One of the most exciting and engaging aspects of living and working in a city like Baltimore is having the opportunity to be involved in so many amazing and inspiring organizations. Over the past couple weeks, two organizations that I hold very close to my heart, both of whom inspire and enrich the communities that surround them through making, came together for a brief but awesome new collaboration.
Make Studio is a community-based art center and studio located in Hampden that provides programming, studio space, and exhibition opportunities to artists with disabilities. Artists involved in Make Studio make and use a wide range of materials and processes and exhibit their work throughout the Baltimore and Mid-Atlantic region. Make Studio is celebrating the aesthetics and concerns of artists commonly typed as “outsiders”, and bringing visibility to their observations and points-of-view, and essential asset to the vibrancy of our cultural sector.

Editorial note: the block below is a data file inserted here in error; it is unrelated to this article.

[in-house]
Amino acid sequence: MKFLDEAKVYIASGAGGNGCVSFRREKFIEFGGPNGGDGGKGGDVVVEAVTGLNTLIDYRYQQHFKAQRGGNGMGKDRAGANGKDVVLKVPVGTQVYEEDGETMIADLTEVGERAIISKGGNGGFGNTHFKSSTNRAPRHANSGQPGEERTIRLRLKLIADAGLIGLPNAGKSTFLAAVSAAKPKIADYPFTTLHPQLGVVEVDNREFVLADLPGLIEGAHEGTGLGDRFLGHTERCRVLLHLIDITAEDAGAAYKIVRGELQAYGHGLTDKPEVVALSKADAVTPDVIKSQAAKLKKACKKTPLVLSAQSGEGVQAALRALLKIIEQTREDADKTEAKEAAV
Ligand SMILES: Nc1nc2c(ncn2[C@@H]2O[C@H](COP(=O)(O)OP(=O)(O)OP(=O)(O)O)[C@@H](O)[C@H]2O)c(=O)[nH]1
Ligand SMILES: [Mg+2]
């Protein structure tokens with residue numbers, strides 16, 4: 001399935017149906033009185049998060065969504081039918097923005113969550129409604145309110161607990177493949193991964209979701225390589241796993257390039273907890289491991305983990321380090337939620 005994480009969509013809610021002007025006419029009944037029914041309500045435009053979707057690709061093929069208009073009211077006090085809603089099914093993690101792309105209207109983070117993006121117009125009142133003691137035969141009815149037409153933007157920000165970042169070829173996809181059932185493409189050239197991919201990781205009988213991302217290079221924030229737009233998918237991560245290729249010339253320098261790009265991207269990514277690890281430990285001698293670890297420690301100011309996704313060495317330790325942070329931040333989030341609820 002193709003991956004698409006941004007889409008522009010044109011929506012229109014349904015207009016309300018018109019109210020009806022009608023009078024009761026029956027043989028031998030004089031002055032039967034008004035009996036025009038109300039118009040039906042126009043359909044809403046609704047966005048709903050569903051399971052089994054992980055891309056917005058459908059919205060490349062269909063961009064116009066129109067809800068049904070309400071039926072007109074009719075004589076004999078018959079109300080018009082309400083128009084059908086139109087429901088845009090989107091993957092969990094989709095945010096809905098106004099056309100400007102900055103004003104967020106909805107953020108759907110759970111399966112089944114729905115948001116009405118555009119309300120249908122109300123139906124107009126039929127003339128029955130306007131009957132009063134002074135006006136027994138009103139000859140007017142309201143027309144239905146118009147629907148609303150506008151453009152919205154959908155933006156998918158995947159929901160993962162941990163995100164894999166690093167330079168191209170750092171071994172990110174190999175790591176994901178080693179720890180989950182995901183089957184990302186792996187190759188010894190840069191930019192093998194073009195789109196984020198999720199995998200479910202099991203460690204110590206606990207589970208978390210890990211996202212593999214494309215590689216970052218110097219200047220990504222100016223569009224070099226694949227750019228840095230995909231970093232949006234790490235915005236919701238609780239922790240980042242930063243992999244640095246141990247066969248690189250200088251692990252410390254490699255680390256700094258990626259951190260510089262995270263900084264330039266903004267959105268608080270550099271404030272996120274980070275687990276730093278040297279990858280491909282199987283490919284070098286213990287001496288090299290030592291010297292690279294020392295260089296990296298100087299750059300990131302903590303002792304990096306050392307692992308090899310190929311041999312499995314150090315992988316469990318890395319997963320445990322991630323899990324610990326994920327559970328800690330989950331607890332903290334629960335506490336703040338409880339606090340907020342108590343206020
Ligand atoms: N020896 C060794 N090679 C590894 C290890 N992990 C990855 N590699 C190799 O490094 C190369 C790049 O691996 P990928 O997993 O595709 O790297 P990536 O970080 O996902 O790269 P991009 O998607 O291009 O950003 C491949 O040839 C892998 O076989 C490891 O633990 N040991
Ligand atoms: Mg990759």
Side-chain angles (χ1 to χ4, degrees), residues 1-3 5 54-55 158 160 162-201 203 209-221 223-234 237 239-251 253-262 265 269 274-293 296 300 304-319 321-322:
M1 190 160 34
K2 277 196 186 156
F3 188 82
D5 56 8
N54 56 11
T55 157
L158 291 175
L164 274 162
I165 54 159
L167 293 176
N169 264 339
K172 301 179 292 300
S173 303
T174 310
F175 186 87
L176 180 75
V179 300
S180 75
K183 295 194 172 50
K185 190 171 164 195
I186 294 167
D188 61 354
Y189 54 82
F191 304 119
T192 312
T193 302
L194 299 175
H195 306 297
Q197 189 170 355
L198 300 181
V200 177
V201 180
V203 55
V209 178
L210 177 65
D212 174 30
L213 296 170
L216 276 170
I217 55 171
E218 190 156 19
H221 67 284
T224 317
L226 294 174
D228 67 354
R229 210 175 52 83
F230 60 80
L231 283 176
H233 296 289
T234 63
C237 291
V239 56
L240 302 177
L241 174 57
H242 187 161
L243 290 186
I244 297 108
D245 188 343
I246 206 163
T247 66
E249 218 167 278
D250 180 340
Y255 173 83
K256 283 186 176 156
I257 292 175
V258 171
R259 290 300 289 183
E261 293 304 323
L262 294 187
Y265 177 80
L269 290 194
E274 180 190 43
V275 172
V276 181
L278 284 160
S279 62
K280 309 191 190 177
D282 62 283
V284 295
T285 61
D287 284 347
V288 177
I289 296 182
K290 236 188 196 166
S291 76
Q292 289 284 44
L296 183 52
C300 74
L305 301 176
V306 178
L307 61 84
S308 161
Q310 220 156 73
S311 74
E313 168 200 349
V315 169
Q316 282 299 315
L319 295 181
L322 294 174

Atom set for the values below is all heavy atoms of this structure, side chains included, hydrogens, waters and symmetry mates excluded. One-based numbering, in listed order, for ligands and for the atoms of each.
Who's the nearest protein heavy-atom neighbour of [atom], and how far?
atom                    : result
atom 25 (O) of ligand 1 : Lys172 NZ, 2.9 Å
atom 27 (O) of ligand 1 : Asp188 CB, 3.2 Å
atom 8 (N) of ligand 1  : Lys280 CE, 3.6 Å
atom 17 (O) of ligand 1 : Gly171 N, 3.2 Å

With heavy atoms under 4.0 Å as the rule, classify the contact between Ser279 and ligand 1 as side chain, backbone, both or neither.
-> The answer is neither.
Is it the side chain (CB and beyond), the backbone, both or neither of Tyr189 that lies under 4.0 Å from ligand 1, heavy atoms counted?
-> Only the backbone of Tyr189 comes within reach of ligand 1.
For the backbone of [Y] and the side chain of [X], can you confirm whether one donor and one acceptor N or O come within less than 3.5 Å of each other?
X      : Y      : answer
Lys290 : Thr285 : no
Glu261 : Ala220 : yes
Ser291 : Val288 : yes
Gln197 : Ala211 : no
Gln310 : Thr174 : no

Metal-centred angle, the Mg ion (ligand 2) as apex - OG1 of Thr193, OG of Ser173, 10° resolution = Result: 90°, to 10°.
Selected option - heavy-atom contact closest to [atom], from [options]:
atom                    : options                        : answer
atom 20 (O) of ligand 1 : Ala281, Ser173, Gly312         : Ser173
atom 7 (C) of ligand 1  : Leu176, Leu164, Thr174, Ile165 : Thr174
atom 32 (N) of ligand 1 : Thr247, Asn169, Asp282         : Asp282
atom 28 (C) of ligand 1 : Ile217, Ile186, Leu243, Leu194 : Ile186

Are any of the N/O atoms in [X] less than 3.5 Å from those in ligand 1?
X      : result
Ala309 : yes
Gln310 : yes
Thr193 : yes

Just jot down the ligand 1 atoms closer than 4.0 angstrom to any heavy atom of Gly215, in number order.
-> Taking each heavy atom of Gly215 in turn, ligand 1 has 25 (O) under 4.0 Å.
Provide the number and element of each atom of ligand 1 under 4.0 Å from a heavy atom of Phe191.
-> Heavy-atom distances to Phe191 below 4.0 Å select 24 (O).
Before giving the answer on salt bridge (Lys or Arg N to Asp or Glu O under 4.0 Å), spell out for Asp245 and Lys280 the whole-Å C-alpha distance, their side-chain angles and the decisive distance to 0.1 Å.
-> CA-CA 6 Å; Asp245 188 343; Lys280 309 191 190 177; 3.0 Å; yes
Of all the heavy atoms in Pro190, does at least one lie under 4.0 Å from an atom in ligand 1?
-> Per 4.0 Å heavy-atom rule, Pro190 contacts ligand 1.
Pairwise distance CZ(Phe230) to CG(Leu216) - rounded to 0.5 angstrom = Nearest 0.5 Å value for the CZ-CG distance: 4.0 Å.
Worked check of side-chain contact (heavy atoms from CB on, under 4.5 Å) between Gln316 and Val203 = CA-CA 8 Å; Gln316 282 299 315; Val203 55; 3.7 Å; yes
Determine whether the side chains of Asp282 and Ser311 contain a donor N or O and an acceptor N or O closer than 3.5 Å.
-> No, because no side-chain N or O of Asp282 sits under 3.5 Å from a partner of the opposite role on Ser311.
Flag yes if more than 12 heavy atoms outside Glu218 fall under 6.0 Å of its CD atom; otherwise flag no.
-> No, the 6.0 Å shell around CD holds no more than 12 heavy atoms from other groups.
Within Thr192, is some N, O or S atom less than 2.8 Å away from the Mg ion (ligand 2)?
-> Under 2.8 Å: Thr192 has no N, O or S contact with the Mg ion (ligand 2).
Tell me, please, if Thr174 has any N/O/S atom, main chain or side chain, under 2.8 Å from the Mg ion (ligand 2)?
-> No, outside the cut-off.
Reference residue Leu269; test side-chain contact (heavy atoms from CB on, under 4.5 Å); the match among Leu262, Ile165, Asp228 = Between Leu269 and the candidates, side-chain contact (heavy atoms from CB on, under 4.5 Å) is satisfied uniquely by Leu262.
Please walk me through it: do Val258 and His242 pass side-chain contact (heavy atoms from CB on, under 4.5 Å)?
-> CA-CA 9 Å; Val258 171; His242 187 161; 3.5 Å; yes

DHF staff members Amber, Jonathan, and Darius joined me in a visit to Make Studio to introduce a Tinkercad and 3D printing as a new form of making that potentially could be a new and inspiring process for artists to experiment with. Several artists got their feet wet exploring 3D modeling and how it translates to the ideas and imagery they use in their studio practice.
Gary Schmedes is a big fan of animation and is inspired by animation classics. In his work he primarily uses pen, ink, and watercolor and therefore was a little skeptical about any 3D modeling or computer based work. Despite this, he dove into Tinkercad, learning how to create different forms and ultimately produced this awesome print based on a character he has been working with. “Tinkercad was a good website, designing on it was neat. I designed a toad named Mr. Toad, although if I were to do this again I would have given him arms. It was really fun to create my own character in 3D, maybe for future projects I will use Tinkercad again.”